You know how it is: you’re so keyed-in into your subject that you surf it, leaping forward into new and unexplored ideas. And then you discover that what you were surfing on was, well, foam basically, wind-filled froth. Well…
Earlier I wrote I would not expect to find ring-structured texts in older Irish literature. My argument being that ring-structures are mnemonic devices for the oral story-teller, and that Ireland had literacy, albeit in the monasteries, from an early date. That written literature tended more towards the linear structure.
Well I was wrong. I was wrong in that most monastic transcriptions of oral work tended to copy as closely as possible, the source material. And I was subsequently wrong about some later Irish literature.
My wife just happened to be talking about mad Sweeney the other day. I thought ( ‘Does she mean me?’): ‘I have Seamus Heaney’s copy of the tale! I must read that again!’ I remember when I first read it being a little nonplussed by the tale; I couldn’t grasp the tale’s dynamic. As we now know, that is a sure sign of a ring-structure.
Seamus Heaney has made an excellent version of the tale of Buile Suibne in ‘Sweeney Astray’ (Faber, 1993). The tale was written sometime between 1672 and 1674, but the composition is thought to be as old as 1200 to 1500 AD. The O’Keefe version is available online, but with this work where prose is heightened by poetry at the crucial points, Seamus Heaney has all the skill, the ear, and technique for an excellent version of the text.
The storyline is basically:
King Sweeney of Dal-Arie in Antrim heard that Ronan Finn was building a church on his lands. Sweeney dashed out and confronted him, threw his psalter in the lake, and was just dragging him bodily out of the church when a messenger arrived: he was needed at the Battle of Moira.
Sweeney was keen on this battle, dressed in his finest silks, and entered the field. Then Ronan Finn turned up with several acolytes, they attempted to forestall the fight or at least set rules. Sweeney was incensed, threw a spear and killed one of the acolytes, then threw another at Ronan but hit and cracked his priests’ bell.
Ronan cursed him then: he was to have the nature of a bird, to be skittish, fearful and afraid. He would only find release from the curse on the end of a spear.
As the battle commenced the noise drove Sweeney mad and he leapt from tree to tree away. Eventually he arrived at Glen Arkin, perched in a churchyard tree. Then survivors of the battle arrived. He was seen, they conversed but he fled again.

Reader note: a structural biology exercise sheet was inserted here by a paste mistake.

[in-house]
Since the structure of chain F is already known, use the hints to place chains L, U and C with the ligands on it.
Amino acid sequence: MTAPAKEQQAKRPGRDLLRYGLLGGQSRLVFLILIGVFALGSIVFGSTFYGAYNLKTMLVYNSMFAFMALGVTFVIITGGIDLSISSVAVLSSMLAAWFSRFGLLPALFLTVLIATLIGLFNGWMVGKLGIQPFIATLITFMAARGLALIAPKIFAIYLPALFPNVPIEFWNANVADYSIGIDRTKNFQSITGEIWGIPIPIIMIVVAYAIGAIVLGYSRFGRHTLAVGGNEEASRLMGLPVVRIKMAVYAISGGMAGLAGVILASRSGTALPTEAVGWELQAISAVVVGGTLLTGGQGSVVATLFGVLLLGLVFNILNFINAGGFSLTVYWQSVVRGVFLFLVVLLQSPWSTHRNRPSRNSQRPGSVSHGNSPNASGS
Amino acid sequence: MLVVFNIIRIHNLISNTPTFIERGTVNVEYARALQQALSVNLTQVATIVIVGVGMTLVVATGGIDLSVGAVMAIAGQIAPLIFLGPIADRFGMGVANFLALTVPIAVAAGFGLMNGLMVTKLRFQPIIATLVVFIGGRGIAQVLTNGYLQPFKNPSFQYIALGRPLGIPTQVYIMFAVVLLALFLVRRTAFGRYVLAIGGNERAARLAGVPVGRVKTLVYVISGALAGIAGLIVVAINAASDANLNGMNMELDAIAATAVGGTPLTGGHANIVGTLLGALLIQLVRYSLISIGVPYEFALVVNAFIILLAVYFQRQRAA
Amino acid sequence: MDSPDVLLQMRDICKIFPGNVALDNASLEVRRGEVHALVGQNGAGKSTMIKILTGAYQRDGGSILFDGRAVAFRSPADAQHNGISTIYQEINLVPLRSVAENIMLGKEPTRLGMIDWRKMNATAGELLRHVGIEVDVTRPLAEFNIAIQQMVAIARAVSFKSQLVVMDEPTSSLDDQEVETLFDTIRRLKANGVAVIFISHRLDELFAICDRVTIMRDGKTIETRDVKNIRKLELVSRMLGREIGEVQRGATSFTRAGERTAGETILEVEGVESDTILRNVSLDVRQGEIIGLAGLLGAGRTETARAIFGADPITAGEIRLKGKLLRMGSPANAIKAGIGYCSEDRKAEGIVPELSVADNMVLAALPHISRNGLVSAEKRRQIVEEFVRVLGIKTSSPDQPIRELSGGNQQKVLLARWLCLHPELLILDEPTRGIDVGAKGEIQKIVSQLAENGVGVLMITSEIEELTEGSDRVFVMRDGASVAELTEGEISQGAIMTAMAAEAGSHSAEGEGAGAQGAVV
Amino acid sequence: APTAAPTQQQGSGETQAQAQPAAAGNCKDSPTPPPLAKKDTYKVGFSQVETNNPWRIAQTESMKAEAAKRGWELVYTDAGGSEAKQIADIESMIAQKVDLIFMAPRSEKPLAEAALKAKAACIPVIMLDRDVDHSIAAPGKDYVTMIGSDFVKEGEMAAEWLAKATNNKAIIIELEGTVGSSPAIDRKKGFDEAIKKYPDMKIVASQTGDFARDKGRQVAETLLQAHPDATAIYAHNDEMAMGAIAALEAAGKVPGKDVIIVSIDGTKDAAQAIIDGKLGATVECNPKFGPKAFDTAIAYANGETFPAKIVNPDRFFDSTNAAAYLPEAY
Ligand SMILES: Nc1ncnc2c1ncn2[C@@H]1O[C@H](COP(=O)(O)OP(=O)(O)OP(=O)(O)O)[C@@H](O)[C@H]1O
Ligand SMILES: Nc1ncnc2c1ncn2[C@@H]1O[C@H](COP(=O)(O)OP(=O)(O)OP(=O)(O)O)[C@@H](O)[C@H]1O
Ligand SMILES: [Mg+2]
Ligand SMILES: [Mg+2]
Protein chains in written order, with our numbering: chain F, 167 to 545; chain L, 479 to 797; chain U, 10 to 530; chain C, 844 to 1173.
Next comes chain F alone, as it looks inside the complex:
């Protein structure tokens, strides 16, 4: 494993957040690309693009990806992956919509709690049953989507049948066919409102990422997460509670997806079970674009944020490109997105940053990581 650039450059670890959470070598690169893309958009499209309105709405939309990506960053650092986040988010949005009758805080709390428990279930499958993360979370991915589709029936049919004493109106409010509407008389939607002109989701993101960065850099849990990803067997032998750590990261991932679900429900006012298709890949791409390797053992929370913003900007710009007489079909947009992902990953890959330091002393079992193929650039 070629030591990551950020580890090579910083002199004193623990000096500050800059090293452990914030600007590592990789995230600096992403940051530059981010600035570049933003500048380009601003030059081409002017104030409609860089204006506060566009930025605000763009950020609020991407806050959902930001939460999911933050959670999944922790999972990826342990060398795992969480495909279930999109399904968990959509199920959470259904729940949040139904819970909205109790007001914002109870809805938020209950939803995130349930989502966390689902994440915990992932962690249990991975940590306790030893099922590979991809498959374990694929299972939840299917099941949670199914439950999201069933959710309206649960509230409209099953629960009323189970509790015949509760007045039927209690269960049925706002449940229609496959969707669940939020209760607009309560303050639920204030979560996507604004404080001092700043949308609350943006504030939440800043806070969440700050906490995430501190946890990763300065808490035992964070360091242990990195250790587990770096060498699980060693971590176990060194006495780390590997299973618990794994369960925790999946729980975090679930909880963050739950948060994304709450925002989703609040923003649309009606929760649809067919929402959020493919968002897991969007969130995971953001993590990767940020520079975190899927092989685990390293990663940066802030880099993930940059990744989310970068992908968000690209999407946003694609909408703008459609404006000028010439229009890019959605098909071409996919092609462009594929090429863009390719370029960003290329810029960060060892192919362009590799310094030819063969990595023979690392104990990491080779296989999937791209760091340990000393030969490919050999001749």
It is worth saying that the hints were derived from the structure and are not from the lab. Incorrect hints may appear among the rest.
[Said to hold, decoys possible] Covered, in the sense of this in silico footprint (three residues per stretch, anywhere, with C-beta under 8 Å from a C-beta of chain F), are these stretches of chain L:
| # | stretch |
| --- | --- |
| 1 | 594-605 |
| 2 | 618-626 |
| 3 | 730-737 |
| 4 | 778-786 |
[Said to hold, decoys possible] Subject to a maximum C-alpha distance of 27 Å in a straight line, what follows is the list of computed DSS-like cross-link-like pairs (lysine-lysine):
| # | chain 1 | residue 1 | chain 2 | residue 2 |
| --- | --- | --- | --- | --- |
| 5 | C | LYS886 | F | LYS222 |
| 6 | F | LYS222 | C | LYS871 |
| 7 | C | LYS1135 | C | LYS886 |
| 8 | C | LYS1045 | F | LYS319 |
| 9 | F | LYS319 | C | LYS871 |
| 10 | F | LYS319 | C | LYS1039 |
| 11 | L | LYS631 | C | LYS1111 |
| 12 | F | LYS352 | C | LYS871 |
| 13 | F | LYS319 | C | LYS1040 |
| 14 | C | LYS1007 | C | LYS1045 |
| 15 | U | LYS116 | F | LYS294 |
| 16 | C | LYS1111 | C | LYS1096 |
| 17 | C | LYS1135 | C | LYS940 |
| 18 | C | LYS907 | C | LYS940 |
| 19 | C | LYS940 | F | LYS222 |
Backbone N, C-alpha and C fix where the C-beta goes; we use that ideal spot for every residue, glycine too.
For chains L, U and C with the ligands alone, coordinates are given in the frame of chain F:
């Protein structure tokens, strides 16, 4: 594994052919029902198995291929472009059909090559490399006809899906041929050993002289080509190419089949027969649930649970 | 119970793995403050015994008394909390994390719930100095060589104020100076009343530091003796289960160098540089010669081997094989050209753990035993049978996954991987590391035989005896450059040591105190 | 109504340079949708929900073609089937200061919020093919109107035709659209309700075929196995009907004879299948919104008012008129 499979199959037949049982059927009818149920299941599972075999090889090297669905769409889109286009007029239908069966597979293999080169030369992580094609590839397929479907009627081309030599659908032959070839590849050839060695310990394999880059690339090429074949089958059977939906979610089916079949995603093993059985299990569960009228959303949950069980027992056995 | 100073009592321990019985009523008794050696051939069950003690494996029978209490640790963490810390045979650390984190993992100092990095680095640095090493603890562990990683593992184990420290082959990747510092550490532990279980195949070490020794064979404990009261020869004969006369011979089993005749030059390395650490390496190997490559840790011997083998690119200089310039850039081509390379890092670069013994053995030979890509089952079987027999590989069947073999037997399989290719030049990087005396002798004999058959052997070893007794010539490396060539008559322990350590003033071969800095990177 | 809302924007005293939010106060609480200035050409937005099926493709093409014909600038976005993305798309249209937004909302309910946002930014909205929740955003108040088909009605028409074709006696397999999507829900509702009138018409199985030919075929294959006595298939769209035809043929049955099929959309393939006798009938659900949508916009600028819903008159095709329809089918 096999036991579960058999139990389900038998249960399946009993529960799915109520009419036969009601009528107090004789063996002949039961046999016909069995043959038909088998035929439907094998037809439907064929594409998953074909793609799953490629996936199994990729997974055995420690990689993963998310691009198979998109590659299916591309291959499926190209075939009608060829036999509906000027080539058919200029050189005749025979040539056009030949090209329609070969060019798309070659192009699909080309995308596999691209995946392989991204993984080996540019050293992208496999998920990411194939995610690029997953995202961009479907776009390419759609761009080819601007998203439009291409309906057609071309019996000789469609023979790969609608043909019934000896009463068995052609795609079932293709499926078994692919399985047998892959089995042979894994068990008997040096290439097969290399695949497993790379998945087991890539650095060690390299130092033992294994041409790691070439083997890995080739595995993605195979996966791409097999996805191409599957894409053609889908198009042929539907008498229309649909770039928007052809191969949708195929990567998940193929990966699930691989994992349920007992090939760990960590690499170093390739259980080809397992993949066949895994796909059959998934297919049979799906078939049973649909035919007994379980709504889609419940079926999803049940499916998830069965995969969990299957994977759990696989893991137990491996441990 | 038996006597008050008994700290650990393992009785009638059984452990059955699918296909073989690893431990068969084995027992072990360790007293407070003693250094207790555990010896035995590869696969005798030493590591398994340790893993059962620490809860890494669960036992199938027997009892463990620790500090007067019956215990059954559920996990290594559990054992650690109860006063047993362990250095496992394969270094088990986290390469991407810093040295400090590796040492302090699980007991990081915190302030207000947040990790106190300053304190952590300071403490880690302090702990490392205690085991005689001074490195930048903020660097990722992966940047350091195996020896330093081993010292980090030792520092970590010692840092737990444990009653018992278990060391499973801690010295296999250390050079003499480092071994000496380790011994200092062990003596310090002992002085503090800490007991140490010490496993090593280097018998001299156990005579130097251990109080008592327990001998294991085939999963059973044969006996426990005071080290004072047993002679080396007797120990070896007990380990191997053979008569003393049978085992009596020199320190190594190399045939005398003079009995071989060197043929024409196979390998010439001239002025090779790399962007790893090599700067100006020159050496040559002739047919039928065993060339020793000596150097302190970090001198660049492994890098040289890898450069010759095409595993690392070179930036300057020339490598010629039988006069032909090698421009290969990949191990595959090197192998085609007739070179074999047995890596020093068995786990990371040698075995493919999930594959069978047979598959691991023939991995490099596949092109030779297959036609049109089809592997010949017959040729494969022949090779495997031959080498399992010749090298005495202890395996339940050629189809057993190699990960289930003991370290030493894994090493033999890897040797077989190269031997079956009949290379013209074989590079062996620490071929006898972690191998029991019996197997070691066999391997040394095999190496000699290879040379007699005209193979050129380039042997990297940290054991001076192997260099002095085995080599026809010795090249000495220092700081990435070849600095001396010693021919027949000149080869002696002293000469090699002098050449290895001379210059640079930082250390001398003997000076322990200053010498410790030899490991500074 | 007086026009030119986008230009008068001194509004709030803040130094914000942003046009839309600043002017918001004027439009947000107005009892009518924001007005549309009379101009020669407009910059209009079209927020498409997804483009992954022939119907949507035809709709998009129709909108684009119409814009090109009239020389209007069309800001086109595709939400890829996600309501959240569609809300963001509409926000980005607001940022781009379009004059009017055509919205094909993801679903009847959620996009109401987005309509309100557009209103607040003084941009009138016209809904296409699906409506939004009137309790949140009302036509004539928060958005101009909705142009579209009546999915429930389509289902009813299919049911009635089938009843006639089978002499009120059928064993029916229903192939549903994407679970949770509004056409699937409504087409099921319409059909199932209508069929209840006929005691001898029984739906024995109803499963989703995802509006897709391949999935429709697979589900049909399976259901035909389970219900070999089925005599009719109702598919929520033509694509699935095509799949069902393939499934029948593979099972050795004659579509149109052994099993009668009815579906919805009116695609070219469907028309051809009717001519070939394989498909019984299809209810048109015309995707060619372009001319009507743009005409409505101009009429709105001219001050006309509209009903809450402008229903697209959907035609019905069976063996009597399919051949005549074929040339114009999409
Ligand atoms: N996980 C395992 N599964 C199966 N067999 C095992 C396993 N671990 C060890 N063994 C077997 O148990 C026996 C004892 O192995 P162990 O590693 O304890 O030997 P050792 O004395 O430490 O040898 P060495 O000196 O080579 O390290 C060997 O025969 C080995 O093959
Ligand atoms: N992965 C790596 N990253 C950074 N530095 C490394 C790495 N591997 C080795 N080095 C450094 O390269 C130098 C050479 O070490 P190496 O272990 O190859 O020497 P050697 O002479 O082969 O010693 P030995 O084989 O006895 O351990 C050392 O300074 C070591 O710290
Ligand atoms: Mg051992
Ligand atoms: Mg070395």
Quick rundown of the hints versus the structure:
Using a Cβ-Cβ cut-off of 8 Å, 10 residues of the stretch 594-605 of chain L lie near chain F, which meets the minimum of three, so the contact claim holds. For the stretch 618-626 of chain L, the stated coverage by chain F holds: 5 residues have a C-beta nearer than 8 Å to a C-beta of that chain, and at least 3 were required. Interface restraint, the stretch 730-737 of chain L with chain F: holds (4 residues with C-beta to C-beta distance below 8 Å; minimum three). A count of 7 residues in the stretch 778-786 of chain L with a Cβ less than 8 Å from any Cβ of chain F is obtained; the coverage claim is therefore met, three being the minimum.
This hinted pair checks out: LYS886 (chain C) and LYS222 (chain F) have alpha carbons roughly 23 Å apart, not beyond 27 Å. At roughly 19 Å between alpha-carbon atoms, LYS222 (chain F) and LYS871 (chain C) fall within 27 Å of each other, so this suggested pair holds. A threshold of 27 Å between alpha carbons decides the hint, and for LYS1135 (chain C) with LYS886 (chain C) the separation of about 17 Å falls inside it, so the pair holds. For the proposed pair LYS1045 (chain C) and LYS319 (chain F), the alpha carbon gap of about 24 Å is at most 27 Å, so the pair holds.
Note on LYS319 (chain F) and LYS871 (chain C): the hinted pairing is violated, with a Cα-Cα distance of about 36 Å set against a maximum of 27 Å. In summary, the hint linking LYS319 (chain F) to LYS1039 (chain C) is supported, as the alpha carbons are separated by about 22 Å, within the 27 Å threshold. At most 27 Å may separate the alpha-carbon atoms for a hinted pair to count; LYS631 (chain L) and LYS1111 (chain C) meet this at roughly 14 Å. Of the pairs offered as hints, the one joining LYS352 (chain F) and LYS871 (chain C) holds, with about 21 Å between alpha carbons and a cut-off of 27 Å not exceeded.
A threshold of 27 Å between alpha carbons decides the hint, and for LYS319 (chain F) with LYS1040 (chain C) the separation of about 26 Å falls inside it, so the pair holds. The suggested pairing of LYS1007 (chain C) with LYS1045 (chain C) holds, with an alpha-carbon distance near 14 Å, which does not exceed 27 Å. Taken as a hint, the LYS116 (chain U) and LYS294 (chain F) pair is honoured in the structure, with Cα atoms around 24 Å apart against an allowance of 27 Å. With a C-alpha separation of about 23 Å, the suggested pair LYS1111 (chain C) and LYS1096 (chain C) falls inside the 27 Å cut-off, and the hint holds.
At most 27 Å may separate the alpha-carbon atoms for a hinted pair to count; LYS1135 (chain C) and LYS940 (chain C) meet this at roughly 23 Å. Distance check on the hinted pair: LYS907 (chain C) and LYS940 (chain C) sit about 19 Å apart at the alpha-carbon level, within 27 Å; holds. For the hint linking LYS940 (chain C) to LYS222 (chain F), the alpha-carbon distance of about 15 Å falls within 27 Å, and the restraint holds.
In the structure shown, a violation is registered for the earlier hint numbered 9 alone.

He arrived at Kilreagan, again survivors arrived. And he fled.
Eventually he arrived at Glen Bolcain, a place where mad people hid out.
For seven years he wandered like this, he grew feathers, lived as a mad bird-man in the woods, and latterly the mountain areas.
His half brother Lynchseachan was searching for him, tracking him. Several times he nearly caught him.
Sweeney’s abandoned wife, Eorann, arrived with a hunting party. They had a long and tender but unfruitful conversation.
Shortly after this Lynchseachan lured him down to the ground telling him how all his family had perished. In his grief he comes down and is captured. Lychseachan shackled him, and after a while reason returned. Lynchseachan revealed it was all a trick to capture him, no one was dead.
Sweeney was left in the care of an old woman. This was the mill-hag, and she tricked him into recalling his madness again, challenging him to run and leap again. And his madness returned, and he escaped. Except this time she chased him leap by leap. The only way he could shake her was by tricking her into a leap she could not achieve. She died, and he escaped.
He realised then he could never return because Lynchseachan would avenge her death.
He met another woman, and they wrangled over food: watercress; Sweeney claimed it was his to eat. She responded that it was up to God to pass judgement on all of man’s doings. His reply was to hope the Vikings got her. He fled to the mountains, islands, and ended up on Eigg, off Scotland, then Ailsa Craigg, off Scotland.
He travelled through Britain, until hearing the howling of a madman in the woods. He sought him out, and they became close friends. The madman’s curse was for forcing all in a battle to wear silks and fine clothes, much as Sweeney wore at Moira.
They stayed together for a year, after which the madman revealed it was his time to die, and how it was to happen.
Sweeney returned to Ireland afterwards. He met a madwomen but they fled from each other.
He met Eorann again, but he was no better, she said, and she had to move on.
He travelled through mountains and glens. His reason returned again. Ronan heard of this and renewed his curse: Sweeney was visited by five bloody heads who pursued him. He eventually lost them but his life became worse.